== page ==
9Overall Score

The last few years have seen a new trend of ‘lost’ tracks rediscovered and getting released. The whole idea gives me mixed feelings. As a music obsessive, it’s always a thrill to dig up an old gem, especially one that might never have seen the light of day. But the frequency of such releases also seems symptomatic of an electronic music scene intent on looking backwards and recreating ‘retro’ sounds, a scene that’s lost faith in its current artists. It doesn’t help that many of these releases, particularly the techno ones, are mulchy, navel-gazing experiments that probably should have stayed buried.

Trust Workshop to do things differently. The German label, run by Even Tuell and Lowtec, has one of the highest hit-rates in the game, frequently introducing seriously talented producers to the wider world. They don’t often release albums, nor have they gone into reissues much before (barring a gorgeous cut on their last V/A EP). But whatever the Workshop crew do, they always seem to get it right.

Ibrahim Alfa was a techno producer back in the 90’s, and the story which led him back onto the scene is more dramatic and heartbreaking than even the most imaginative press release could make out. To cut a long story short, the tracks on this fine comeback record were originally billed for release on Move D’s Source Records decades ago, but never got pressed due to money problems. The tape got lost, gathered dust, and after a recent rediscovery made its way to Move D’s friends at Workshop. Unlike most releases that come out with a triumphant narrative of resurrection, there’s nothing retro about the sounds on ‘Hidden by the Leaves’. It feels fresh, exalting in the creative possibilities of techno.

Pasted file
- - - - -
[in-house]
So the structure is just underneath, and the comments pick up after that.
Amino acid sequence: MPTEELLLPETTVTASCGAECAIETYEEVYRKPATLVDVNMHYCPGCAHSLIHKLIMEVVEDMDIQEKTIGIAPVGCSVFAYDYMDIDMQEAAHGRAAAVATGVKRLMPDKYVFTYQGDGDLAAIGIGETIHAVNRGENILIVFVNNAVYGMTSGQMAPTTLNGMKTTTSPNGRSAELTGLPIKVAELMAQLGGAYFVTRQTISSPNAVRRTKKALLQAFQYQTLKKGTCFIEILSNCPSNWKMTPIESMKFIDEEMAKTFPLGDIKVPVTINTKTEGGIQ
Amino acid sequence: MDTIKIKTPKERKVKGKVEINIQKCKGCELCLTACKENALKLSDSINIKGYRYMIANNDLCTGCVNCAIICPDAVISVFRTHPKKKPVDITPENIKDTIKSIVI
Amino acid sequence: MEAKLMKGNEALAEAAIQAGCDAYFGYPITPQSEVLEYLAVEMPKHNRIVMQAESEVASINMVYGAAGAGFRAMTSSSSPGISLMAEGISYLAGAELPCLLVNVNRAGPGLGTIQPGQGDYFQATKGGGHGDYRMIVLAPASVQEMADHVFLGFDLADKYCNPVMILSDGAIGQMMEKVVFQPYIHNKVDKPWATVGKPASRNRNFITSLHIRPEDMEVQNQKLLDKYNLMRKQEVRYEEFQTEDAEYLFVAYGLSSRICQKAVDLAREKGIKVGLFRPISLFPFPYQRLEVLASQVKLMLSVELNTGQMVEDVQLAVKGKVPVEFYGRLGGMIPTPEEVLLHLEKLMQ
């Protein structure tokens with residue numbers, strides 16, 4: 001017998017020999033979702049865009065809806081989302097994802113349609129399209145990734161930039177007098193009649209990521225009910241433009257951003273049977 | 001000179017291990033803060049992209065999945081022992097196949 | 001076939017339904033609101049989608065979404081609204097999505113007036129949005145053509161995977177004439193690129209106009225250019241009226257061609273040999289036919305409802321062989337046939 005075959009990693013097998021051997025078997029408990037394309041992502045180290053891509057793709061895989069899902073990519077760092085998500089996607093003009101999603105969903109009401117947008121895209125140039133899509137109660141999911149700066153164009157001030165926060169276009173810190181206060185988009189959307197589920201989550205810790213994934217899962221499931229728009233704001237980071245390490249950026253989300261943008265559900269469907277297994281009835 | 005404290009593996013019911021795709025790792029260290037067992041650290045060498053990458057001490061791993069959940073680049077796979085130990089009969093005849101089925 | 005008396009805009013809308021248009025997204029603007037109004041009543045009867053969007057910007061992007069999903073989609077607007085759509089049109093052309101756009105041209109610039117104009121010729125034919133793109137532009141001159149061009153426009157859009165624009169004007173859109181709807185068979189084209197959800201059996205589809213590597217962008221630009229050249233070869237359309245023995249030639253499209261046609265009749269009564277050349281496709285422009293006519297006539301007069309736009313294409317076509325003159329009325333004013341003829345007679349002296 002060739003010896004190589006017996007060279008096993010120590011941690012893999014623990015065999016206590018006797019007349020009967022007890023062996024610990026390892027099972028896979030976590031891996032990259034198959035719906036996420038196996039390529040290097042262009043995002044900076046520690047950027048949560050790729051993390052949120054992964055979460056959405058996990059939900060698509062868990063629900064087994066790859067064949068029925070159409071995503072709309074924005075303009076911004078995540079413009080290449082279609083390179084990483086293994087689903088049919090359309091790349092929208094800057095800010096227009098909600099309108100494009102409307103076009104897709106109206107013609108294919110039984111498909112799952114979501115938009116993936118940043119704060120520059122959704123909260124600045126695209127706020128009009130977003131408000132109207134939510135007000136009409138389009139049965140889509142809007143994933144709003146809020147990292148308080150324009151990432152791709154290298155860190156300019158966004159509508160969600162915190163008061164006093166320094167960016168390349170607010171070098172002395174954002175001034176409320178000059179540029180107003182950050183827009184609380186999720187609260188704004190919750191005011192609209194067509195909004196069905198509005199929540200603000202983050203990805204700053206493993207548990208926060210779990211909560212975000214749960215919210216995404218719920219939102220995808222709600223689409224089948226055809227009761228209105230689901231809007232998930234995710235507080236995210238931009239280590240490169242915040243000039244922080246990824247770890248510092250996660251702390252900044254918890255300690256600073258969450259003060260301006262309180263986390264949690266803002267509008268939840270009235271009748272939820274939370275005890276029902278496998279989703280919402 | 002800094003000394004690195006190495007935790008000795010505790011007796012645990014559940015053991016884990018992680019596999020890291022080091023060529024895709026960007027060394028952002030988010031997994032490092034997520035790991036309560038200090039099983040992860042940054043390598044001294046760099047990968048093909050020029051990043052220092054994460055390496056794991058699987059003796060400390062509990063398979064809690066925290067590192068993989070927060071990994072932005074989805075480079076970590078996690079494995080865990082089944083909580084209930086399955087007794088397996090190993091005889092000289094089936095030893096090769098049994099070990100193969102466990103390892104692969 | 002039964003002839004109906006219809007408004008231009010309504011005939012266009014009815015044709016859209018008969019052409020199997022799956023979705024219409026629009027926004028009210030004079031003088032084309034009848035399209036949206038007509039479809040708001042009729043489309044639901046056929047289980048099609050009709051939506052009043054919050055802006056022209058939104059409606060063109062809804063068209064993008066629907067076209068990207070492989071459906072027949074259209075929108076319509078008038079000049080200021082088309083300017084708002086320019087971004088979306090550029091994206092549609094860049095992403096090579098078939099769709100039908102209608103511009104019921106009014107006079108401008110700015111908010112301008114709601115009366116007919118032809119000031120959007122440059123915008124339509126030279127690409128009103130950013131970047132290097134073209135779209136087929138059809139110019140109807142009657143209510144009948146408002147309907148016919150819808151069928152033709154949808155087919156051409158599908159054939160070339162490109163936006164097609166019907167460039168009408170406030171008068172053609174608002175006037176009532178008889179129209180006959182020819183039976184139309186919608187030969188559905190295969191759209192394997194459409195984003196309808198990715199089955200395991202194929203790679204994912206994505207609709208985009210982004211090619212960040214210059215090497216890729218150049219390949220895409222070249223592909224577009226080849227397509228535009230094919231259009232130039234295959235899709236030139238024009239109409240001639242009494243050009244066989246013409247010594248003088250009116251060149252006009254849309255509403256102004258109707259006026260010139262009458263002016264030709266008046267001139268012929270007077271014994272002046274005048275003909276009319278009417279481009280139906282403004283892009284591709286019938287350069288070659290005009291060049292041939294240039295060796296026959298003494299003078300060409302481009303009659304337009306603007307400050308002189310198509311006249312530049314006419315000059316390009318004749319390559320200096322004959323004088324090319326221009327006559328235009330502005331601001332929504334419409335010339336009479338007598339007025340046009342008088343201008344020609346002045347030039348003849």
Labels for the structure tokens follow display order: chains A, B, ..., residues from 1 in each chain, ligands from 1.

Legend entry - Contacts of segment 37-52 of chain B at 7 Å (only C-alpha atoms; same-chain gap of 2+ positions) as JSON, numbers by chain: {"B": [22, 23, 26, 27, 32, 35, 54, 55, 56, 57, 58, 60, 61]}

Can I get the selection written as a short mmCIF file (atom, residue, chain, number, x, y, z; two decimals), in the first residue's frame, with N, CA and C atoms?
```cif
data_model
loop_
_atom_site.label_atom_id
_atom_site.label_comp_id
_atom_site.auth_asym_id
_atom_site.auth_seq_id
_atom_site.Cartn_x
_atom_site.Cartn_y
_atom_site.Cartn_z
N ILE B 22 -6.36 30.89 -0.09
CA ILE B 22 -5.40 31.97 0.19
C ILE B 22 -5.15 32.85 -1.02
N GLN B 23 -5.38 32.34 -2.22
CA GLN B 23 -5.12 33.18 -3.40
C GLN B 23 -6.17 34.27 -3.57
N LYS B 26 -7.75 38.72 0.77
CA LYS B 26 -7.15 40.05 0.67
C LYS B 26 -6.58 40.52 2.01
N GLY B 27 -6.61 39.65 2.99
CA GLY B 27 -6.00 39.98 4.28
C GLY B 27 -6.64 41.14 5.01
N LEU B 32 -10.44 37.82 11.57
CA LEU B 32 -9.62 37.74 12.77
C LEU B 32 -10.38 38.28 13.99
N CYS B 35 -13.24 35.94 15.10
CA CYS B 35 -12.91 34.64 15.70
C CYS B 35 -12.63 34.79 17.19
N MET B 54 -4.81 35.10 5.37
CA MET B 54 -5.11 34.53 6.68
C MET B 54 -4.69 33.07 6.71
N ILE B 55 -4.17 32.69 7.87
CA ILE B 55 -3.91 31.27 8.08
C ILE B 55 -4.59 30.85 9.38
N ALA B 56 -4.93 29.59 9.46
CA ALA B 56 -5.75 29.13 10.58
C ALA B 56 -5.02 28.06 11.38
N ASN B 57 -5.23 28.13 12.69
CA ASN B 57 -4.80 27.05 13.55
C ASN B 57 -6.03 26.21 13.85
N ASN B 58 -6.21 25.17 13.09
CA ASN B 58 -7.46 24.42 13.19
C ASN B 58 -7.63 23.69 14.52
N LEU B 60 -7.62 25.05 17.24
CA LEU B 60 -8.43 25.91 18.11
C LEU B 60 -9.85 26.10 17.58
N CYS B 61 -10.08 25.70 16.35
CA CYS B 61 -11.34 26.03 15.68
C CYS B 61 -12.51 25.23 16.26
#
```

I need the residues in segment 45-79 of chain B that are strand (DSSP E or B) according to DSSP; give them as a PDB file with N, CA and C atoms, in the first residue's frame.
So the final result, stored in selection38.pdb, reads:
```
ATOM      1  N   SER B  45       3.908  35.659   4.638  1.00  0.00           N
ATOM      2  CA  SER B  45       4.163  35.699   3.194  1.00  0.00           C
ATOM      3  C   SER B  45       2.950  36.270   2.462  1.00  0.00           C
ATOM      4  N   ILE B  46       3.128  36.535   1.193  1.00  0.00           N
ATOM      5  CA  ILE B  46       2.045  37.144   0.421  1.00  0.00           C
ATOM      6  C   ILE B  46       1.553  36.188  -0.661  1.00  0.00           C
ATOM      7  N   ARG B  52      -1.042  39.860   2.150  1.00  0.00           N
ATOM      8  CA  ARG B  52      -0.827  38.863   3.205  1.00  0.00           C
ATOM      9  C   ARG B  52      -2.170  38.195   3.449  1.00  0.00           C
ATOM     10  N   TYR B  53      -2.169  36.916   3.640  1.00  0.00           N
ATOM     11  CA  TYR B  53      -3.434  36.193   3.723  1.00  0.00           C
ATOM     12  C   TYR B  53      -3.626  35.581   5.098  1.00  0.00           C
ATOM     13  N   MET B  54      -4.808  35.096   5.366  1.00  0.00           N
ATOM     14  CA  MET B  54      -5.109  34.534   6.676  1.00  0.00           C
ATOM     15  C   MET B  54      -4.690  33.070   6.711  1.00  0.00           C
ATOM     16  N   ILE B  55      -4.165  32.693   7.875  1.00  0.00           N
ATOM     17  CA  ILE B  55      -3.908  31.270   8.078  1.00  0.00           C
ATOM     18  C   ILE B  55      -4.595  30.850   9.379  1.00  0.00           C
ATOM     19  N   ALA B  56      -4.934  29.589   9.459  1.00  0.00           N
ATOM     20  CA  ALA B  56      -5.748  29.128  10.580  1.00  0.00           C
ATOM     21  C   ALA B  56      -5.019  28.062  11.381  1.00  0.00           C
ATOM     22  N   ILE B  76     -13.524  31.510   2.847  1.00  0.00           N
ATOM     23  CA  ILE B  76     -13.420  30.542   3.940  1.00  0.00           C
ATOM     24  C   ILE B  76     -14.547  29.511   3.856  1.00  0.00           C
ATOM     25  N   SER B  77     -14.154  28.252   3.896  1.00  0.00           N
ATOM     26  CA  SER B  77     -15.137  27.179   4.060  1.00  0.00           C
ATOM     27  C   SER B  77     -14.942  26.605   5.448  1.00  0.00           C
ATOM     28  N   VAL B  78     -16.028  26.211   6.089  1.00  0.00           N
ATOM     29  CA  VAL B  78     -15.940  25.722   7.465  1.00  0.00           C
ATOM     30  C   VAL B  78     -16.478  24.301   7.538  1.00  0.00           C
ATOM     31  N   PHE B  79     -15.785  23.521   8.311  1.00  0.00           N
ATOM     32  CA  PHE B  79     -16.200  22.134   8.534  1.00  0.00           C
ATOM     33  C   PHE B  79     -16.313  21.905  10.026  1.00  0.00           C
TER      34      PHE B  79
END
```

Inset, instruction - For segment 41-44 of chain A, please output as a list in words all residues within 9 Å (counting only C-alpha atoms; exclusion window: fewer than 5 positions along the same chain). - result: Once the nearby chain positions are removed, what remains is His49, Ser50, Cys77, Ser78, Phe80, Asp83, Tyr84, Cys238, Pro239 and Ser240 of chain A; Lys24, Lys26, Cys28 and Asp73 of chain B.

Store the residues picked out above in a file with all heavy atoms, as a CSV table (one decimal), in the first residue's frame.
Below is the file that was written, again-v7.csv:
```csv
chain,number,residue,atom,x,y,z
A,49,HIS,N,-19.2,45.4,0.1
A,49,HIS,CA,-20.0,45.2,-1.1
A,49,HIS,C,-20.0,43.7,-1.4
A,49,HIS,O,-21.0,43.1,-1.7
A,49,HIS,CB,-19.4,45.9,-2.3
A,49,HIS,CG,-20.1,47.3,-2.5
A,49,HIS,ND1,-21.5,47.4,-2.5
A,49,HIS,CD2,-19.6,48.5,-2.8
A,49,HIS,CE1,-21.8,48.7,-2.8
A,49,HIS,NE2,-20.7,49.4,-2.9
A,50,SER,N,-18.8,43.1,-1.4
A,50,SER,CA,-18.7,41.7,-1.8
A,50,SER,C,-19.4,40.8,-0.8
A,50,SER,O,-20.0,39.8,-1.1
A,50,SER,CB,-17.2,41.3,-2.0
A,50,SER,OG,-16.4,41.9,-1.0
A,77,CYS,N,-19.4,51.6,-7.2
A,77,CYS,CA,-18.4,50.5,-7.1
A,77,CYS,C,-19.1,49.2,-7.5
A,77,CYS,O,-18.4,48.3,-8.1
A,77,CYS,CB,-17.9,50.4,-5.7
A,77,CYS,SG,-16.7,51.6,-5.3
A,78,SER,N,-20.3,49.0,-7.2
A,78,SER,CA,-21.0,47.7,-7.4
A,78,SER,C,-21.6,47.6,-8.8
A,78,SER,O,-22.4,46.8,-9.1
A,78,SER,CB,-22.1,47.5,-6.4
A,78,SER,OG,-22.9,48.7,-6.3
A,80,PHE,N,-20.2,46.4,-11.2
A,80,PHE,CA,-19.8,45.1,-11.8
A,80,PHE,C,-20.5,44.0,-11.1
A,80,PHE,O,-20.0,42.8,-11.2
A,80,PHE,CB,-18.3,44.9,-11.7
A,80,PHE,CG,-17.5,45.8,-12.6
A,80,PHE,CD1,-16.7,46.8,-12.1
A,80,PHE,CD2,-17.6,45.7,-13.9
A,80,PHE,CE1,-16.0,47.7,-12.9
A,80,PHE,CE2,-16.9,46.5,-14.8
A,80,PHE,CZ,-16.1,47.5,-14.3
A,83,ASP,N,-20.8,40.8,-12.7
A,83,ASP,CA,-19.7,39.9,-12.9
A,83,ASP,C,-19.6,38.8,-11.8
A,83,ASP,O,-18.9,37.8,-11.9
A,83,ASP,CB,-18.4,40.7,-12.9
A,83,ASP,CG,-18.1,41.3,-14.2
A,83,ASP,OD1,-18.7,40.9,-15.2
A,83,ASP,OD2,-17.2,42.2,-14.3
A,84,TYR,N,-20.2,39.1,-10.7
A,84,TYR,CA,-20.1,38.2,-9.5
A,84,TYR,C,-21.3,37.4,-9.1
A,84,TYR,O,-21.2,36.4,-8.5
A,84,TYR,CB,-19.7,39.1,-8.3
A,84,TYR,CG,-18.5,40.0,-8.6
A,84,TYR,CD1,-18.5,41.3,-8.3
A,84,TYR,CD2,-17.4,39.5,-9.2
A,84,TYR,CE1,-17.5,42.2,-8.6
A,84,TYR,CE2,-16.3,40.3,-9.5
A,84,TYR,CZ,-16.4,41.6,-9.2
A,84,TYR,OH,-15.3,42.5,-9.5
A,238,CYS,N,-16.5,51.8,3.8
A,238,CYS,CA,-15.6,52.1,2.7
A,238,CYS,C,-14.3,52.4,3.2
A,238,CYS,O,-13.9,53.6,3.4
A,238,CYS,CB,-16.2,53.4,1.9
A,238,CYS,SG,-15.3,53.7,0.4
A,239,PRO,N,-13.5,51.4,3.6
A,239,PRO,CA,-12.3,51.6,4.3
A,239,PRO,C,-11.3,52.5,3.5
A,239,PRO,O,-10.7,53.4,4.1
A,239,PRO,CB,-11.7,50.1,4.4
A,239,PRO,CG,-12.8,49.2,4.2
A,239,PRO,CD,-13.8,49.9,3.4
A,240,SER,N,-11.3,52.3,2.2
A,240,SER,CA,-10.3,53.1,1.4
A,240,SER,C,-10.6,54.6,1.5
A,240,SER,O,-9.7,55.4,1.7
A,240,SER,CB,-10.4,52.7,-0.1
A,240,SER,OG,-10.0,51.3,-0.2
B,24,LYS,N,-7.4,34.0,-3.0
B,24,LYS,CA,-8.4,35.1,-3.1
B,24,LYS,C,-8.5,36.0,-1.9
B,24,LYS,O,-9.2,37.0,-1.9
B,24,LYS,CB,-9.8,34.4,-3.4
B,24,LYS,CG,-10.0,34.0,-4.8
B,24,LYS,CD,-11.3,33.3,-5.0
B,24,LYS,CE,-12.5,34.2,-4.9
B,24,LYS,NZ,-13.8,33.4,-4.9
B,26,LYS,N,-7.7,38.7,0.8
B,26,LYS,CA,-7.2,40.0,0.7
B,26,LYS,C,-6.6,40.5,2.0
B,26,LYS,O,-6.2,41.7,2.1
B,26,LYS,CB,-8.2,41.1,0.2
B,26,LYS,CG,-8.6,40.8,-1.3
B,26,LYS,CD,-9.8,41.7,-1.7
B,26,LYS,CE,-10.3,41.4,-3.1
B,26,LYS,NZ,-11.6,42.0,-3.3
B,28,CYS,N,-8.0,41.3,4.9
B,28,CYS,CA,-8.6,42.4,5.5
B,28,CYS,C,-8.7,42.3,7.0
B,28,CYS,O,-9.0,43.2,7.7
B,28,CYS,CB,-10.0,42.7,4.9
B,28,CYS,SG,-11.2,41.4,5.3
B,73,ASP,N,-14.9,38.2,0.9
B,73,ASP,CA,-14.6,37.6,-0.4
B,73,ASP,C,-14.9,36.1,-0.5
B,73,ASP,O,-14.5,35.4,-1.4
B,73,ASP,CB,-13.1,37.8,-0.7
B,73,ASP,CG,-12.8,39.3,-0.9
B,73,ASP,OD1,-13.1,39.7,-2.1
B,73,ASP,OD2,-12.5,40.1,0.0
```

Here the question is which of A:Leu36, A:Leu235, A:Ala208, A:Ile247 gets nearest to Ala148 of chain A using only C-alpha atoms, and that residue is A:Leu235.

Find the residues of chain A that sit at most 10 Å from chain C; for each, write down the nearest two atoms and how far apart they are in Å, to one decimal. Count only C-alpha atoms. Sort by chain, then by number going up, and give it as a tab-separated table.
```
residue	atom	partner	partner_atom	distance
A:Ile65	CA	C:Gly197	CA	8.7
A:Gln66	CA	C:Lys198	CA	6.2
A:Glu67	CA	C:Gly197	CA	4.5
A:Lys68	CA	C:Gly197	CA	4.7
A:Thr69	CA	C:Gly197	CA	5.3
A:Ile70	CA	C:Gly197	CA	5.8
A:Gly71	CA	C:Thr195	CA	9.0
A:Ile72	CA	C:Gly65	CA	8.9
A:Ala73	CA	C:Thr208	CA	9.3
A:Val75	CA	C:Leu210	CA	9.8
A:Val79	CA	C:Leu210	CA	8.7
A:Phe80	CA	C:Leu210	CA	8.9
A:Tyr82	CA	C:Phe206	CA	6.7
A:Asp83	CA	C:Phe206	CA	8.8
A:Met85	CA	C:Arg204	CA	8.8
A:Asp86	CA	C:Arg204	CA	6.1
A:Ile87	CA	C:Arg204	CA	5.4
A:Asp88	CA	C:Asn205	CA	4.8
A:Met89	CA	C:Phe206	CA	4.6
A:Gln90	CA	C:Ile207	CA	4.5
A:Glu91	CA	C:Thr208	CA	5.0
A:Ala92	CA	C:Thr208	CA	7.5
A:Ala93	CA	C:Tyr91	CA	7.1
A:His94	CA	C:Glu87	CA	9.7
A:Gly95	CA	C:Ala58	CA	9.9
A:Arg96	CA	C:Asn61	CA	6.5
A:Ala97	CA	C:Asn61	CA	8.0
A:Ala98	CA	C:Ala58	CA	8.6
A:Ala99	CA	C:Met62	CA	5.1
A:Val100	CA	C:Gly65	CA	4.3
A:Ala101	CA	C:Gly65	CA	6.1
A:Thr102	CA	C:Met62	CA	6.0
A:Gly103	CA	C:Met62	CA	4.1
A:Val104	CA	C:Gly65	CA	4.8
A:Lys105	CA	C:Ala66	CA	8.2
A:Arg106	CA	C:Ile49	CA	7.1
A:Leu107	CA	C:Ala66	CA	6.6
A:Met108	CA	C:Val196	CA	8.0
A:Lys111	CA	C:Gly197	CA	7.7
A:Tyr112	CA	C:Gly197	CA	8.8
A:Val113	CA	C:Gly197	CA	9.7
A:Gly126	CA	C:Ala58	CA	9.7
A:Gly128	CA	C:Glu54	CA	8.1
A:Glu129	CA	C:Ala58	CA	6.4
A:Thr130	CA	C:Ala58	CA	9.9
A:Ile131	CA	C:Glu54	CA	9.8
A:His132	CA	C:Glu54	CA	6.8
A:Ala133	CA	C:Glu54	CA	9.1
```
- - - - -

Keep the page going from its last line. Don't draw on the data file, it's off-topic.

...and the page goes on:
The eight tracks bear some resemblance to Alfa’s warped techno records from the 90’s, but they certainly aren’t made with DJs in mind. Only three of the songs top four minutes, and the unexpected structures, matched by a blunt resistance to friendly intros and outros, would make these a challenge for anyone to mix. The reason seems to be Alfa’s dogged pursuit of new sounds. Here even the shattering drums on a relatively straight track like We Can Never Go Home… frequently dissolve amongst caustic bass sweeps and fidgety synth bleeps.

The general sound is somewhere between classic techno and jittery electro, with a few nods to ambient and house thrown in for good measure. The highlights announce themselves confidently, such as the sultry groove of Black Mask, prey to anaesthetized vocals and a confrontational bassline. Clip My Wings sounds utterly modern, its slamming kicks illuminated by the sweep of a lighthouse synth, while Dreamland swings way out, its angular electro rhythms enveloped by a burbling melody like an ever-cresting wave.

Even on the less propulsive tracks the contrast between brittle rhythms and soft, greyscale synth notes makes for a compelling listen. Past Is Past would be too viscous and oblique if it weren’t for its deep, billowing pads, while the gorgeous Drifting heaps its insectoid rhythm with warm, generous tones. The fact that Alfa’s long-forgotten album sounds so modern wouldn’t be enough to make it a great record. No, what makes this essential listening is how energetically inventive, how beautifully wrought these songs are. It doesn’t matter who produced them, or when.